Ireland, National Coordinator, Mr. Eamonn Fitzgerald.
The presenters were Gillian Colville, Marvin Buskens, Helle Kjaer Hvidtfeldt, Isabel Ingoyen, Kai Janisch and Benoit Moumet.
The healthcare managers who visited Ireland said countries could have the cleverest strategies but if they ignored the culture they wouldn’t get anywhere. Therefore the principle of going back to the patient to discover their experience was very important and they had been impressed by the customer survey which was carried out.
They reported on three areas – health promotion, quality of care and staff empowerment, saying they had seen lots of examples of each one, all centred around the patient.
On health promotion they said the national campaign strategy, Healthy Ireland targeted among other areas, mental health and healthy eating. They cited an attractive traffic light food choice system next to the canteen at Cork University Hospital and said that as a result of this programme, levels of central obesity had dropped by 10% and there had been a 7% reduction in the number of people with unhealthy BMI.
They had also been impressed by the mental health campaign “little things,” branded by a green ribbon, which set out to change the historic culture where Irish people were reluctant to discuss mental health issues and move to an environment where people were more open about mental health. They saw it as an important sea change which was about Ireland acknowledging there were mental health problems.
They had also been very impressed by the quality of care and the fact that managers walked around the hospital floors to see what was happening and through these quality and safety walk-rounds, discover the problems and the issues which patients were experiencing.
They also reported that in CUH a simple system had been introduced to give instant feedback to staff and facilitate monitoring if problems arose on the ward.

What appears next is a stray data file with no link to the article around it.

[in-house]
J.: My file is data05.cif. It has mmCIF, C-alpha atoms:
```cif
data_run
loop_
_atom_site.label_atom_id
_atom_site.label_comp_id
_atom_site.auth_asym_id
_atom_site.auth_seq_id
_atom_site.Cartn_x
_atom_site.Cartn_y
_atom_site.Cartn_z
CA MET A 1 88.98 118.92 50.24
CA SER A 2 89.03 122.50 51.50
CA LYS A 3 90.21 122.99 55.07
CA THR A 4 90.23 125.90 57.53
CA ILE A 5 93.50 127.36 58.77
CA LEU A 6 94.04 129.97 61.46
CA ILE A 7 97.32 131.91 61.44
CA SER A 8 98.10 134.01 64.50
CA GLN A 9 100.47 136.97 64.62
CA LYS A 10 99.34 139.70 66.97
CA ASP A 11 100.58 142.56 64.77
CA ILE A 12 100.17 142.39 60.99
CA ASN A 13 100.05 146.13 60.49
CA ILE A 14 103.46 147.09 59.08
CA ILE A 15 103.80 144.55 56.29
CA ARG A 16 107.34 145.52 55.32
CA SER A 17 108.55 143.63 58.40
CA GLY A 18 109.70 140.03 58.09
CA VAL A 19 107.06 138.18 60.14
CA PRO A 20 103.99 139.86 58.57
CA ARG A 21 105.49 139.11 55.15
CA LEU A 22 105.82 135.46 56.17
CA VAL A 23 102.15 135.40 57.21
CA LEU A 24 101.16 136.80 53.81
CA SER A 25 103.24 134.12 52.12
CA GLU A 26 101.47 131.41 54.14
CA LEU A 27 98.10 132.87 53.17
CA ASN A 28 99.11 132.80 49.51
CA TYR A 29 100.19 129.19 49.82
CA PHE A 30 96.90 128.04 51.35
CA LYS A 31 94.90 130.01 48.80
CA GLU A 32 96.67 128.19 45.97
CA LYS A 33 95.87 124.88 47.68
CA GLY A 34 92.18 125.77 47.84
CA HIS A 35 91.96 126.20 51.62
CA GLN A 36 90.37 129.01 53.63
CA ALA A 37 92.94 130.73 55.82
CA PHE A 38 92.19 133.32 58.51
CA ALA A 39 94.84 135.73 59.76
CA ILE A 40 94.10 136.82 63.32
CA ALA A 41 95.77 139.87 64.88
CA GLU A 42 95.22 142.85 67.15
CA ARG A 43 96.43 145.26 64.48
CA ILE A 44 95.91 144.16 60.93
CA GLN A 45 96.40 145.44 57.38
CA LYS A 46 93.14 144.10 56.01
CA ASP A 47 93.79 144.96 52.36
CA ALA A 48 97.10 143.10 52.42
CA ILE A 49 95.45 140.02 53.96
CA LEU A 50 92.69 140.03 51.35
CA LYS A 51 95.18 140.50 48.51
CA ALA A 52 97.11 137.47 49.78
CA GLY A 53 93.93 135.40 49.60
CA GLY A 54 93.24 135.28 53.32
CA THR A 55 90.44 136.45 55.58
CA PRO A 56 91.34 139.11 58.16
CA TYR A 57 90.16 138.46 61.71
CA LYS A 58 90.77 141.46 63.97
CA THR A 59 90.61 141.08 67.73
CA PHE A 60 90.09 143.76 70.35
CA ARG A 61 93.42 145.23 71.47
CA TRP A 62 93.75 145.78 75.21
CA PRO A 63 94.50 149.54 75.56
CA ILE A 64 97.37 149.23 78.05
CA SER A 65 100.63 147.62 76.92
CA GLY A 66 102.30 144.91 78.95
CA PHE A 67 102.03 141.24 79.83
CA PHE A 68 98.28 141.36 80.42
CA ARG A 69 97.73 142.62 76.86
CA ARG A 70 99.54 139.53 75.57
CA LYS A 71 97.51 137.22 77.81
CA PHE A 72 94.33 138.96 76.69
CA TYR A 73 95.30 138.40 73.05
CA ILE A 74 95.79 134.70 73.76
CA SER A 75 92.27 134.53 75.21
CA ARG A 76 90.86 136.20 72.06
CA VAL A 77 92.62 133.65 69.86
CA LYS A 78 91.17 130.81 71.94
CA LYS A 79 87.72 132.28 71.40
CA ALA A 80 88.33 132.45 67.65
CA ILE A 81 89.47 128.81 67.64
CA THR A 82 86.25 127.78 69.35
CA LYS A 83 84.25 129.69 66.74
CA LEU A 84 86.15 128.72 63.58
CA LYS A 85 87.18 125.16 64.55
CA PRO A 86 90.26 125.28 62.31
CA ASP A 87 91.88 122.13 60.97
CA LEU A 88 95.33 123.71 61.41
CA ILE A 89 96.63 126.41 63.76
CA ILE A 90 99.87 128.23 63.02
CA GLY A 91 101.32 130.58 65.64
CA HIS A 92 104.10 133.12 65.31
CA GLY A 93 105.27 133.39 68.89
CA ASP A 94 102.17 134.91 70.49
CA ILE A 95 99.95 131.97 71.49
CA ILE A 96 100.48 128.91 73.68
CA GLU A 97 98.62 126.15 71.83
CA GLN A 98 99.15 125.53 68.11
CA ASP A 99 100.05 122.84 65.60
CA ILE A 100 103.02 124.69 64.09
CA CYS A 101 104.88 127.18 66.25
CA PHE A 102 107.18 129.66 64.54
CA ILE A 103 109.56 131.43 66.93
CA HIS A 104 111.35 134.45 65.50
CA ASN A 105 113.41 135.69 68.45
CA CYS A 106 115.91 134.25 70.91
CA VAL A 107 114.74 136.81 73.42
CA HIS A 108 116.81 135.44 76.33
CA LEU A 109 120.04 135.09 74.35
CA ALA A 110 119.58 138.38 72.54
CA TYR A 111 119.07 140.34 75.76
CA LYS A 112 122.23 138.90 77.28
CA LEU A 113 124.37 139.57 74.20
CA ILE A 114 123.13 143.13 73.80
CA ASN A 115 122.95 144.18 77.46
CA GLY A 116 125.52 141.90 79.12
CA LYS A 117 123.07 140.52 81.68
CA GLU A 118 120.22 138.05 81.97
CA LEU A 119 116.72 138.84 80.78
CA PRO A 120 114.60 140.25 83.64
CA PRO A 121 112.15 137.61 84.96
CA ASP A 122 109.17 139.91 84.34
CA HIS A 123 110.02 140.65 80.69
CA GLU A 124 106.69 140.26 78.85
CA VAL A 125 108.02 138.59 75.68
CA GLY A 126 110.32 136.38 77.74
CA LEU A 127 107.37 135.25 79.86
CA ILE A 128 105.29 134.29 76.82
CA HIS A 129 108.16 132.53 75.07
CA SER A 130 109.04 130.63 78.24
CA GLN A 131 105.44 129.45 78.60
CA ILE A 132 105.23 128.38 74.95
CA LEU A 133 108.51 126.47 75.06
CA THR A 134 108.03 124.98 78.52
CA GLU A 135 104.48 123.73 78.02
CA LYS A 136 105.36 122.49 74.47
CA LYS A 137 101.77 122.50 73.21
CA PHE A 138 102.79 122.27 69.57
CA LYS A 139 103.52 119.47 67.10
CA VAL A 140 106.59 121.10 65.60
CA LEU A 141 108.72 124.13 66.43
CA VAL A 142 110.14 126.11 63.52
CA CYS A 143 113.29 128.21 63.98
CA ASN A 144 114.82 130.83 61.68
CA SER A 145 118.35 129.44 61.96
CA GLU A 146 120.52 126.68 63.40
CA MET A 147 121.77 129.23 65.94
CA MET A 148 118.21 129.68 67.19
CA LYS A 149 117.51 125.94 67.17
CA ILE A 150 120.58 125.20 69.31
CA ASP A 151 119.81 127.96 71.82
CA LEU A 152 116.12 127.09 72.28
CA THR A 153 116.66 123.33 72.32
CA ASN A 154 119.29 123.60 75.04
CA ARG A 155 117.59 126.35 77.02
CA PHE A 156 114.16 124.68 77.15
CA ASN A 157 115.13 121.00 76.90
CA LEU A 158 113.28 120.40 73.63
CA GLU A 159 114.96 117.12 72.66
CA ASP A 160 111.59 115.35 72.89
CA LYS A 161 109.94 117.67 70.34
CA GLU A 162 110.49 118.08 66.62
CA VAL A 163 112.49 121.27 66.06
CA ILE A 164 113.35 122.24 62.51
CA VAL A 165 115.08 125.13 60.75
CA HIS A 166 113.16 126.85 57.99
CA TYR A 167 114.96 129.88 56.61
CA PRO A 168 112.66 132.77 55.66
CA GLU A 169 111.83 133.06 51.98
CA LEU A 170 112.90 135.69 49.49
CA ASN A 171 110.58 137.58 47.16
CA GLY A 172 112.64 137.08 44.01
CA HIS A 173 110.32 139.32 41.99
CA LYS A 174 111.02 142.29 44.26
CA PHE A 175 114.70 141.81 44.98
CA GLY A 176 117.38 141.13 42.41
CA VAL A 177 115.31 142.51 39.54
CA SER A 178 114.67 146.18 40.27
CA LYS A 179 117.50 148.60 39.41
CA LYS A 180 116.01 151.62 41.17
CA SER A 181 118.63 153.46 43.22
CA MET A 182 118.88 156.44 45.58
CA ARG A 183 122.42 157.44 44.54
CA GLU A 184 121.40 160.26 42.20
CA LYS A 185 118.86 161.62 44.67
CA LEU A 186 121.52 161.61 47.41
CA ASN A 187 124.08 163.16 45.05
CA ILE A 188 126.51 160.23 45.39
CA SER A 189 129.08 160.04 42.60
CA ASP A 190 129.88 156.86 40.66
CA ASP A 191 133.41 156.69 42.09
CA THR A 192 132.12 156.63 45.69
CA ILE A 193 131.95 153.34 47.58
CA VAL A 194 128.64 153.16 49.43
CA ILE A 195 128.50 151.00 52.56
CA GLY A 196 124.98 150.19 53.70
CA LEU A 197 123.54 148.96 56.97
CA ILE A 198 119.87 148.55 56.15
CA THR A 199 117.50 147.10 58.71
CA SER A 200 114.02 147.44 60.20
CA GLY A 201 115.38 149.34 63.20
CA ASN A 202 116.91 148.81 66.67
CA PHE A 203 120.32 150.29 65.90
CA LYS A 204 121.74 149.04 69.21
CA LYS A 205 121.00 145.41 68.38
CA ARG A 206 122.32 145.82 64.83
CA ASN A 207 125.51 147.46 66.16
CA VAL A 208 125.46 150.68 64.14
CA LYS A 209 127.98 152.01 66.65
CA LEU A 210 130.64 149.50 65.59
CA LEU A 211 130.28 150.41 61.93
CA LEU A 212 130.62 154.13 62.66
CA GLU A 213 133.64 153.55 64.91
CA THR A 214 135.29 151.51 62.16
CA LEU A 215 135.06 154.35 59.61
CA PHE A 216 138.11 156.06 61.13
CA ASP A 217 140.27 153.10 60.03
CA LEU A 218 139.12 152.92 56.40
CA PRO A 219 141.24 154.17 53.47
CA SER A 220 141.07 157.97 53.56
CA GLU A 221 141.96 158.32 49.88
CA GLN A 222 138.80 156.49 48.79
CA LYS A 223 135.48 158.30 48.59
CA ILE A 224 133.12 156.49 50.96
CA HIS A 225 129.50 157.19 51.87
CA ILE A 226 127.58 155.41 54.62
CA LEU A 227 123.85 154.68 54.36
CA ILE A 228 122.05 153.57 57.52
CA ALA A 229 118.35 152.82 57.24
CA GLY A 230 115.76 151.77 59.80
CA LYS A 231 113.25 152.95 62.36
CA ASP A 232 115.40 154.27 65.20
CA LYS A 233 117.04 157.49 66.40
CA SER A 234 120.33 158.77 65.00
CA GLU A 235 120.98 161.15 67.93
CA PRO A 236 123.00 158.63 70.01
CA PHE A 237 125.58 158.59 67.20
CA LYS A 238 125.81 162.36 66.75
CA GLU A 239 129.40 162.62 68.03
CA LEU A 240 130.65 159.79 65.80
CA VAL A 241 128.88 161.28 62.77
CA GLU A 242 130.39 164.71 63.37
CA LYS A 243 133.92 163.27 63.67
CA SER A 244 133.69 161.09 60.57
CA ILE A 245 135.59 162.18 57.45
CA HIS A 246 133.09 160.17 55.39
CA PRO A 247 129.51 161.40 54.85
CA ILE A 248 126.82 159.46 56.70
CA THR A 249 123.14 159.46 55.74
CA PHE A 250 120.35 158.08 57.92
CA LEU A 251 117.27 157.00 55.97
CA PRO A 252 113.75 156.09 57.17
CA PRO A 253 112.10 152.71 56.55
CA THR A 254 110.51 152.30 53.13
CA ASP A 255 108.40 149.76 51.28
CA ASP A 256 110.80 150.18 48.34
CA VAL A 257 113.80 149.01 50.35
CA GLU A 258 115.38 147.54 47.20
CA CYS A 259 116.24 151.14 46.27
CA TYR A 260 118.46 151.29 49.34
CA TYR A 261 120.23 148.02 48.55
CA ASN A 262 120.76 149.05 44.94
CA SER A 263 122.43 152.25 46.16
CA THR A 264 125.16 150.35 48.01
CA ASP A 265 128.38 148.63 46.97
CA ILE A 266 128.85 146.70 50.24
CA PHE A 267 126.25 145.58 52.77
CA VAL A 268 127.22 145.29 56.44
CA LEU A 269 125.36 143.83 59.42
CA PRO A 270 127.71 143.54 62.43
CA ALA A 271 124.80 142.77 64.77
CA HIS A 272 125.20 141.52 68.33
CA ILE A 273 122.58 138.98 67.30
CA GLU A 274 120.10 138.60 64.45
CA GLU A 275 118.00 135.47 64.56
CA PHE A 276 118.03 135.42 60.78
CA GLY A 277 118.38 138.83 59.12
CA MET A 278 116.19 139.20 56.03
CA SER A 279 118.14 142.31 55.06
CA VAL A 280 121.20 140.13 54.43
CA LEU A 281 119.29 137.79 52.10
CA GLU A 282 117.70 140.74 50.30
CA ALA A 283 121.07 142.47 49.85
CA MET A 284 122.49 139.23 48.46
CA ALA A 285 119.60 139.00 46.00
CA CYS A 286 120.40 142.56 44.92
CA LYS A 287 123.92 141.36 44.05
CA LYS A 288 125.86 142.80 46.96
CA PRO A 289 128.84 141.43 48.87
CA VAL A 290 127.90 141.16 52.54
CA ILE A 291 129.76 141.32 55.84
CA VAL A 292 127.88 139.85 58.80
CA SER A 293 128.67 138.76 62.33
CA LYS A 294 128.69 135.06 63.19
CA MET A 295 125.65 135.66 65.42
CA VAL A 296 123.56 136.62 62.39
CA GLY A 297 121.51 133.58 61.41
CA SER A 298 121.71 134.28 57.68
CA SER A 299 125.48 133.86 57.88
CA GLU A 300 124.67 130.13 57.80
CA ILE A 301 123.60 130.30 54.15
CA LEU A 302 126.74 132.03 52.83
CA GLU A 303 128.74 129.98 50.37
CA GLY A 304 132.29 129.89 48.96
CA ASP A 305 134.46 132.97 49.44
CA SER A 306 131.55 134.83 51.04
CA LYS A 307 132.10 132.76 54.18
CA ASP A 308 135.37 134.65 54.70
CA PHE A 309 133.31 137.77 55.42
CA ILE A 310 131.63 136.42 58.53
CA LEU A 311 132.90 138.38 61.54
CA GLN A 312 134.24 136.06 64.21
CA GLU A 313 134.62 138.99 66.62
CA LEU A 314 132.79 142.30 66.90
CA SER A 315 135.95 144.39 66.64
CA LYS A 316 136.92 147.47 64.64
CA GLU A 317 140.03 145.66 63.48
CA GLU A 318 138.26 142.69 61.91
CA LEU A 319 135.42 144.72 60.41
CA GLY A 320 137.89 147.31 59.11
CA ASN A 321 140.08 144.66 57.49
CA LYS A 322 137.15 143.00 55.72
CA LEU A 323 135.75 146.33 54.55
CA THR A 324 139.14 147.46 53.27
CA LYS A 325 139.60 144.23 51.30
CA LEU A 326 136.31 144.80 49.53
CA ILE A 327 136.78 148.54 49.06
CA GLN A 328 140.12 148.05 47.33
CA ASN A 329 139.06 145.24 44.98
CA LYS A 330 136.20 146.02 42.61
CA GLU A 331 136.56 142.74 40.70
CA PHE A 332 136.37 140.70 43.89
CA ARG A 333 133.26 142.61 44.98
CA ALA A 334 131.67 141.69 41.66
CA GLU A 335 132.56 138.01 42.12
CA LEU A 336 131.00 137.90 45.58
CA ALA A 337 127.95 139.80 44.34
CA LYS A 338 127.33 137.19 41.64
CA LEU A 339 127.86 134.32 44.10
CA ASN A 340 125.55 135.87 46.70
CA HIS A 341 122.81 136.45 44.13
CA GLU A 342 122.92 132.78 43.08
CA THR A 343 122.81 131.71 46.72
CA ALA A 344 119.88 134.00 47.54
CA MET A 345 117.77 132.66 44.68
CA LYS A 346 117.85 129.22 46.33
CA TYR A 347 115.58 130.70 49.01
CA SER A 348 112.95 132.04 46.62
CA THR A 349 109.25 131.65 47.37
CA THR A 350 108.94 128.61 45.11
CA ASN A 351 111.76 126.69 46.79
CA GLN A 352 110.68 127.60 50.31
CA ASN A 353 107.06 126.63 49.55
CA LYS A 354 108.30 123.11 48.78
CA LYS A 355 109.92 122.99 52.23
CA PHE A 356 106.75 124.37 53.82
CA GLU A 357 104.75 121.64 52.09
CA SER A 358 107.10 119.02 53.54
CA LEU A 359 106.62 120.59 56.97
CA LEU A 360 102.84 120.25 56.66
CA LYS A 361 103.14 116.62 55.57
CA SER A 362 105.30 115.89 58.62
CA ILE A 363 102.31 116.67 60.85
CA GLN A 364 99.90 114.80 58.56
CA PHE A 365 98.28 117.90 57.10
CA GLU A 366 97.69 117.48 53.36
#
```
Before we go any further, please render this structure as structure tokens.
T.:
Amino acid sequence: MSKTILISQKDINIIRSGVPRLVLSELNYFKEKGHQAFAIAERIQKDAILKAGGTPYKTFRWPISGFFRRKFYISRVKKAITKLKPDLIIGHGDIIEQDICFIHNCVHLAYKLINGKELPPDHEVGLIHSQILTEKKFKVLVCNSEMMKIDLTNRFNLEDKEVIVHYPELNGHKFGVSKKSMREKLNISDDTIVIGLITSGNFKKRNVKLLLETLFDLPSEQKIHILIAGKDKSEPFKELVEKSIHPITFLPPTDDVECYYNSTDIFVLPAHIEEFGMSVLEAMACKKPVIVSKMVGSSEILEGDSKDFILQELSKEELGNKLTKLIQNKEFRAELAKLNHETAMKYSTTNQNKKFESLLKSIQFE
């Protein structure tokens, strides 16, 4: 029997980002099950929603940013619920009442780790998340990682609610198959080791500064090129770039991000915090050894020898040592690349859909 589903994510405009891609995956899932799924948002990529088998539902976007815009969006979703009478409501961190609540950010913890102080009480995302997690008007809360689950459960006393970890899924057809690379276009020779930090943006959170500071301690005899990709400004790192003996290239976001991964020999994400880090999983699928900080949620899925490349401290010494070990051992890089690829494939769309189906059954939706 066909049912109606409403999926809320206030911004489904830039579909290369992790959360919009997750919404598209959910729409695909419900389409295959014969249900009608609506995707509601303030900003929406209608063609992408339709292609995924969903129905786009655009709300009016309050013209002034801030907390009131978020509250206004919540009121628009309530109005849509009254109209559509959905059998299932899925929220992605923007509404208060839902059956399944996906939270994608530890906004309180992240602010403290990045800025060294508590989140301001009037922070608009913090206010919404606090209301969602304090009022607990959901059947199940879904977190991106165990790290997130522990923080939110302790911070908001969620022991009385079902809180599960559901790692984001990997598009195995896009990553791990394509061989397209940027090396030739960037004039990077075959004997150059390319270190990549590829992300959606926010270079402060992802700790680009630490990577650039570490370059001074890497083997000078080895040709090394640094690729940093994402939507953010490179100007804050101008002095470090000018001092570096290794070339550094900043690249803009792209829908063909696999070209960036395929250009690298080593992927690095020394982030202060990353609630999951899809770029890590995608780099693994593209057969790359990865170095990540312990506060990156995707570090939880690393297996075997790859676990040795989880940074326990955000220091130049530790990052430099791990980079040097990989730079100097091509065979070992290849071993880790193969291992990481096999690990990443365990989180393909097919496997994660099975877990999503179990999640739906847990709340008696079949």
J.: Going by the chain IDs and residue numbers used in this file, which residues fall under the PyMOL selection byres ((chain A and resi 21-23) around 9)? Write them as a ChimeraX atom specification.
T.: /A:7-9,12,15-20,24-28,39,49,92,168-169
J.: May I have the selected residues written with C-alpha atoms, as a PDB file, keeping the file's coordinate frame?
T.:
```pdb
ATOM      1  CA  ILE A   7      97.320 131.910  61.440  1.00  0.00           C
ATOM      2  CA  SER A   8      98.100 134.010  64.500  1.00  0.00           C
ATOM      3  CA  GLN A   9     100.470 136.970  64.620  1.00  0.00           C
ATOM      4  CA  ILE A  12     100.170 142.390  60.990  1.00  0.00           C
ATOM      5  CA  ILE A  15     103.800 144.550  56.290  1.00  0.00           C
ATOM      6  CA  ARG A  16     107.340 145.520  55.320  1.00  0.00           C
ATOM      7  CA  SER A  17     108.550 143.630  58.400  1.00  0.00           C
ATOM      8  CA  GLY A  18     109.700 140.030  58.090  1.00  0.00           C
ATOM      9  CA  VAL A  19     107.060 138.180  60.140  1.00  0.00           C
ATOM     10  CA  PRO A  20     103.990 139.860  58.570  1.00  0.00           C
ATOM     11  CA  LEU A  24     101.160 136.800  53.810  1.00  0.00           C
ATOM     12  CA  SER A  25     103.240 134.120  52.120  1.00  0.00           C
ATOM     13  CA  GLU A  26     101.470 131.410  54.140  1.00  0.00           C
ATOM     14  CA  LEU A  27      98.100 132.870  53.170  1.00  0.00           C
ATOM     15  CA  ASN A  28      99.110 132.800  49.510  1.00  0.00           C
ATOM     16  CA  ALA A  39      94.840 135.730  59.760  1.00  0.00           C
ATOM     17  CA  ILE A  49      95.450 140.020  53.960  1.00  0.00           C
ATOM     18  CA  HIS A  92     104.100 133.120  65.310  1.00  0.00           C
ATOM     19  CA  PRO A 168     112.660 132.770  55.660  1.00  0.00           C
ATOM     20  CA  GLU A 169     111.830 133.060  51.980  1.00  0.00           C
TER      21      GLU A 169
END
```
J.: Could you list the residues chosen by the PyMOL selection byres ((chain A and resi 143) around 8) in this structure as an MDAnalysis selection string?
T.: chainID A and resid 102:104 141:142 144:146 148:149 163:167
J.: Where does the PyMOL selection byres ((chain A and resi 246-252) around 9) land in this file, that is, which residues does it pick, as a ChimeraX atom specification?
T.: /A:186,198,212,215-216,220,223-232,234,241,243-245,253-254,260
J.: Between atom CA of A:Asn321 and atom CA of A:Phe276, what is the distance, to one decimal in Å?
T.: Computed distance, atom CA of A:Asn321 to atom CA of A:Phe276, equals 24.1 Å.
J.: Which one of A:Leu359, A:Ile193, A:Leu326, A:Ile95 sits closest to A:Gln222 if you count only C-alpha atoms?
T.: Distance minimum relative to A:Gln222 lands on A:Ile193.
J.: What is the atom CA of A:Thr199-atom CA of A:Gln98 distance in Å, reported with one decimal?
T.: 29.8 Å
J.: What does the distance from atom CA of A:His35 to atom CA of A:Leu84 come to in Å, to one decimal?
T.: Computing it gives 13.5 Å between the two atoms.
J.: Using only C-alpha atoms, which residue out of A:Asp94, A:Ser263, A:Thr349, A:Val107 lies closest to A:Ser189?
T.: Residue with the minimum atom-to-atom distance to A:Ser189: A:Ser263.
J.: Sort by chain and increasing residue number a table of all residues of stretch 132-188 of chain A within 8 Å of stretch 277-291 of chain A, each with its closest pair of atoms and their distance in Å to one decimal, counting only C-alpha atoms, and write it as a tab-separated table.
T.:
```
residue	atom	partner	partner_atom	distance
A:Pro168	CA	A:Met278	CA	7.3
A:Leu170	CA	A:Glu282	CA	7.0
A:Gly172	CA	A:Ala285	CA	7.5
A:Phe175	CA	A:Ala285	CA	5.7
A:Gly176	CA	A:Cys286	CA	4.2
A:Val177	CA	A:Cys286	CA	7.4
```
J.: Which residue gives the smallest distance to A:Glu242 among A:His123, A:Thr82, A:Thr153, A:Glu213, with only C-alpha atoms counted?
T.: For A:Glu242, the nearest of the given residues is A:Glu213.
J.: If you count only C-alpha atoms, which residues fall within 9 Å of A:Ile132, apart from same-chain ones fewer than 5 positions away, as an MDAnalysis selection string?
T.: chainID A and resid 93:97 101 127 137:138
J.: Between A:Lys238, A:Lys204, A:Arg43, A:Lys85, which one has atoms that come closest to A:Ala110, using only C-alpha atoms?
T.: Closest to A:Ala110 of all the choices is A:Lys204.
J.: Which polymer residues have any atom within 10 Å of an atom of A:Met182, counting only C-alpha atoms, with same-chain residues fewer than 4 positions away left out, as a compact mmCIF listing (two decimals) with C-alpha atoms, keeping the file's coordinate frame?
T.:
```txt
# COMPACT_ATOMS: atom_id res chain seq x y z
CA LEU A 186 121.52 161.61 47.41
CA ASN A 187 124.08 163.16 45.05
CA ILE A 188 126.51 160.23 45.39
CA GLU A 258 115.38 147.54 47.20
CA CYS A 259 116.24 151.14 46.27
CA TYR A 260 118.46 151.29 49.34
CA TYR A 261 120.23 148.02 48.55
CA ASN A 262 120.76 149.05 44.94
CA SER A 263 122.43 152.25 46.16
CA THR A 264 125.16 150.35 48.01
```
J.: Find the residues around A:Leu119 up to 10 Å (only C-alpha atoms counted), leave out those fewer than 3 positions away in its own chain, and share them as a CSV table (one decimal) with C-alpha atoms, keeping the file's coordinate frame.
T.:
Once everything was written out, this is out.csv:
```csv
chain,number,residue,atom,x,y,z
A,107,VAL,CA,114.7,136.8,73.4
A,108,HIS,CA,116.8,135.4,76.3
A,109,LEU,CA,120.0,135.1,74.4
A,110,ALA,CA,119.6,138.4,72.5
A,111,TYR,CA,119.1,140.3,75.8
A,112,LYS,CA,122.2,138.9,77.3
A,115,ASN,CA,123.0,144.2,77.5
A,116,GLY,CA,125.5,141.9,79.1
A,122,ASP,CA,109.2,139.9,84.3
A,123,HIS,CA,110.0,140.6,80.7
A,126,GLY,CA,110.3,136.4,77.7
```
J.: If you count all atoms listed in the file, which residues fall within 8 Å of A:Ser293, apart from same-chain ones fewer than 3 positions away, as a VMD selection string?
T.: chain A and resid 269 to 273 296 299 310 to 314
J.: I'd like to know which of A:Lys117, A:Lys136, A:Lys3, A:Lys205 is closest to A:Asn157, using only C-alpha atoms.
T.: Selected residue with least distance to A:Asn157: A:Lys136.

One of the examples of innovation we observed on our visit to Ireland was the Tallaght Hospital Model for Continuous Improvement. The programme they have developed is a unique approach to quality improvement which includes a variety of internationally recognised methodologies, tools and approaches but mainly focusses on the use of PDSA (Plan, Do, Check, Act), Lean methodologies and project management tools. When a staff member (any grade) identifies an area for improvement they seek sponsorship from a member of the executive management team and apply to attend QI training. Training takes place over three days and staff receive six one hour individual coaching during the 17 weeks allocated to complete their project. Once completed the participants produce a Storyboard of their project, present their findings/outcomes and receive their “Certificate of Achievement” at a graduation day ceremony.
“Two graduates provided us with details of their projects. The first related to Tallaght Hospital’s compliance with recommendations on the screening of patients for the risk of malnutrition. More than 140,000 adults in Ireland are malnourished, or at risk of malnutrition, half are over the age of 65 years (Rice & Normond, 2012). One in three patients admitted to hospital are at risk of malnutrition and more than 75% are at high risk (Bapen 2010, 2011) and nutritional status of many patients declines during hospital stay. The estimated cost of malnutrition nationally is €1.4 billion and for Dublin South West population this equates to €47 million.